Fargo, N.D. Officials ordered the evacuation of one Fargo neighborhood and a nursing home late Thursday after authorities found cracks in an earthen levee built to protect the area from the threat of the rising Red River.
Residents were not in immediate danger, and floodwaters were not flowing over the levee, Mayor Dennis Walaker said Thursday night. The evacuation was being enforced as a precaution.
Officers were going door to door to the roughly 40 homes in the River Vili neighborhood and were evacuating Riverview Estates nursing home. Authorities also called for the voluntary evacuation of about 1,000 people who live between the main dikes and backups in various parts of the city. That evacuation could become mandatory, officials said.
Authorities across the river in Moorhead, Minn., also stepped up evacuations Thursday. They recommended that residents leave the southwest corner of the city and a low-lying township to the north.
Fargo residents have been scrambling in subfreezing temperatures to pile sandbags along the Red River. They spent much of Thursday preparing for a record crest of 41 feet — only to have forecasters add up to 2 feet to their estimate.
The first estimate sparked urgency among thousands of volunteers in Fargo, but the second sparked doubts about whether a 43-foot-high wall of water could be stopped. In Moorhead, City Manager Michael Redlinger said portions of his city’s dike could not be easily raised to withstand a 42-foot crest.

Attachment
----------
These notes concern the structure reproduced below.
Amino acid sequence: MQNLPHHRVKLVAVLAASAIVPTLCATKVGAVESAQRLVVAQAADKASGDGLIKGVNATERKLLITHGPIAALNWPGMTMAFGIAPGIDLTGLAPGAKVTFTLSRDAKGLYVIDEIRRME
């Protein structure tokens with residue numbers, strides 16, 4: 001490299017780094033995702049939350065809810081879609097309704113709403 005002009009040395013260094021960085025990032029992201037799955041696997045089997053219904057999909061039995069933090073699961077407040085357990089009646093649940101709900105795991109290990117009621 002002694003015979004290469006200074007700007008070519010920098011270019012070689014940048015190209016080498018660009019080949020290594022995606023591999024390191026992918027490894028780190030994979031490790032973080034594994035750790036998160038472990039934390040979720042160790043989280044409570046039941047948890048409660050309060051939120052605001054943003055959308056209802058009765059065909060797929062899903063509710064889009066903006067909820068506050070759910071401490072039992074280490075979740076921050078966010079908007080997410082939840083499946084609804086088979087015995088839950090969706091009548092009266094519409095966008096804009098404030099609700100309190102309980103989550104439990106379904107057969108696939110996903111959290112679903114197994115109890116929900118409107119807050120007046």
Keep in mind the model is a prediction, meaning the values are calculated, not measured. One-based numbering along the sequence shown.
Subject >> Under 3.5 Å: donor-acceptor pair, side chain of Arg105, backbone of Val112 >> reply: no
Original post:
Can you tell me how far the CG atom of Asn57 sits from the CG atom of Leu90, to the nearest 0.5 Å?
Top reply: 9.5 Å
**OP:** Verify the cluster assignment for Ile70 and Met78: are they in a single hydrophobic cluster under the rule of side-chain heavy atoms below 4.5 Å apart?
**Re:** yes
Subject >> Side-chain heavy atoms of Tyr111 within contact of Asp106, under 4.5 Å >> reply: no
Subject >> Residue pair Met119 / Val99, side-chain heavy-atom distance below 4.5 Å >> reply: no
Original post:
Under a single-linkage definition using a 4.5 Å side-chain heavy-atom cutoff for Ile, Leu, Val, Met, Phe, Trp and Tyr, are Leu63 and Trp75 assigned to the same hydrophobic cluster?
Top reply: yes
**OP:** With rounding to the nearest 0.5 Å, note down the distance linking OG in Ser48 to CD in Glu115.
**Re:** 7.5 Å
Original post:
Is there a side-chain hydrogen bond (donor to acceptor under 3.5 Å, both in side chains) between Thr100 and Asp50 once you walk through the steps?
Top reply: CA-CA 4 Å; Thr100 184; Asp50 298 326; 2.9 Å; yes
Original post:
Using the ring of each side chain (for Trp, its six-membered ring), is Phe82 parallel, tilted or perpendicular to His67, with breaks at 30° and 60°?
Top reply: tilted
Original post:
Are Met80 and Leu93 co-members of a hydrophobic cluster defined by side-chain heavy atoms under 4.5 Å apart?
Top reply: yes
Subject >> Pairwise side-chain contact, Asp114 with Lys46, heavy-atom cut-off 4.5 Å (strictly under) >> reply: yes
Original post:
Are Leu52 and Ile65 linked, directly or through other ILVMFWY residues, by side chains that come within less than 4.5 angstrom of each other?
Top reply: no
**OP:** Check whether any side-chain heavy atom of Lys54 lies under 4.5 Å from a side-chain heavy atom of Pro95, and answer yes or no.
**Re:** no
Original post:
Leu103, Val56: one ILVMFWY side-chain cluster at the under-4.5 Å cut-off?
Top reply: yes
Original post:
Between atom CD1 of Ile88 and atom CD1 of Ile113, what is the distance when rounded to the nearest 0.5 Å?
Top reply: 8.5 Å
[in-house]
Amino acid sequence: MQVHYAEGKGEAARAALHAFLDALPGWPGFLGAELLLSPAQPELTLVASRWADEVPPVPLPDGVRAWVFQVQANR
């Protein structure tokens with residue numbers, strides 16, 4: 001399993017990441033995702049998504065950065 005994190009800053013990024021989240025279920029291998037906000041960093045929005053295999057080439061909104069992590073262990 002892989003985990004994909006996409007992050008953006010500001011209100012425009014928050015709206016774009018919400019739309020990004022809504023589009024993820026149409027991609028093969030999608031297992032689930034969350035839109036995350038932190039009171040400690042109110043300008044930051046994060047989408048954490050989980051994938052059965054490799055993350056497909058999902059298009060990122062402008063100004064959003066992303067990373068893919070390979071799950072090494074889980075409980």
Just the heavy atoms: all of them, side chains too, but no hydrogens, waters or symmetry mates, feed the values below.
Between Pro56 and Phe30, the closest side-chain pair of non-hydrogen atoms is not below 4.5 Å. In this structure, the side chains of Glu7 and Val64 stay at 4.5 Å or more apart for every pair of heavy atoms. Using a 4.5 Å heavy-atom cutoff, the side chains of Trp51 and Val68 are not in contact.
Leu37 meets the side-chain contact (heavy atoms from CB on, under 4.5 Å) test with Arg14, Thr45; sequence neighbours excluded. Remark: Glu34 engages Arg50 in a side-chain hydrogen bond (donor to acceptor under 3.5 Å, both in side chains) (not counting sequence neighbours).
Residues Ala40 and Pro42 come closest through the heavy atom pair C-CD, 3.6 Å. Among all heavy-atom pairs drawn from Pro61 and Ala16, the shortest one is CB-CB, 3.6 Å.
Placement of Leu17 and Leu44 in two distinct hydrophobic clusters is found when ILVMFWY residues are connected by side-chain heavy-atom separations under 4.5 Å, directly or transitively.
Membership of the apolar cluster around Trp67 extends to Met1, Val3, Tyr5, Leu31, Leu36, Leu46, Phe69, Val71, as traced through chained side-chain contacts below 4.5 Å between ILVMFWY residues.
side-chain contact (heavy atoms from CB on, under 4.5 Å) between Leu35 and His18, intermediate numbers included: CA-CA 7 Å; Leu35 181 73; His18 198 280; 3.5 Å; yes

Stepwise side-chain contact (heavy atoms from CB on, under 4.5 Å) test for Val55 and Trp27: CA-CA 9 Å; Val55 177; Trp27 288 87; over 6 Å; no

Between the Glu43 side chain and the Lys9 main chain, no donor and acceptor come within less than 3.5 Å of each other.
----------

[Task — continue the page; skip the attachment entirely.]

“Now everything’s up in the air,” he said.
The old estimate was 41 feet by Saturday afternoon, and thousands of volunteers had labored throughout the day to raise the dikes around North Dakota’s largest city to 43 feet. City and emergency officials had said they were confident the city would make it, but will now have to build higher.
The National Weather Service said late Thursday afternoon that the Red was expected to crest between 41 and 42 feet, but could reach 43 feet. It said water levels could remain high for up to a week — a lengthy test of on-the-fly flood control.
“Record flows upstream of Fargo have produced unprecedented conditions” on the river, which “is expected to behave in ways never previously observed,” the weather service said.
Tim Corwin, 55, whose south Fargo home was sheltered by sandbags to 43 feet, said he wasn’t giving up but was pessimistic after hearing the new potential crest.
“I’ve lived here 40 years and over a 30-minute span I’ve reached a point where I’m preparing to evacuate and expect never to sleep in my house again,” he said.
The city of 92,000 unveiled a contingency evacuation plan Thursday afternoon, but at least four nursing homes already had begun moving residents by then.
“A few of them said they didn’t want to go. I said I’m going where the crowd goes,” said 98-year-old Margaret “Dolly” Beaucage, who clasped rosary beads as she waited to leave Elim Care Center.
“I’m a swimmer,” she said, smiling, “but not that good a swimmer.”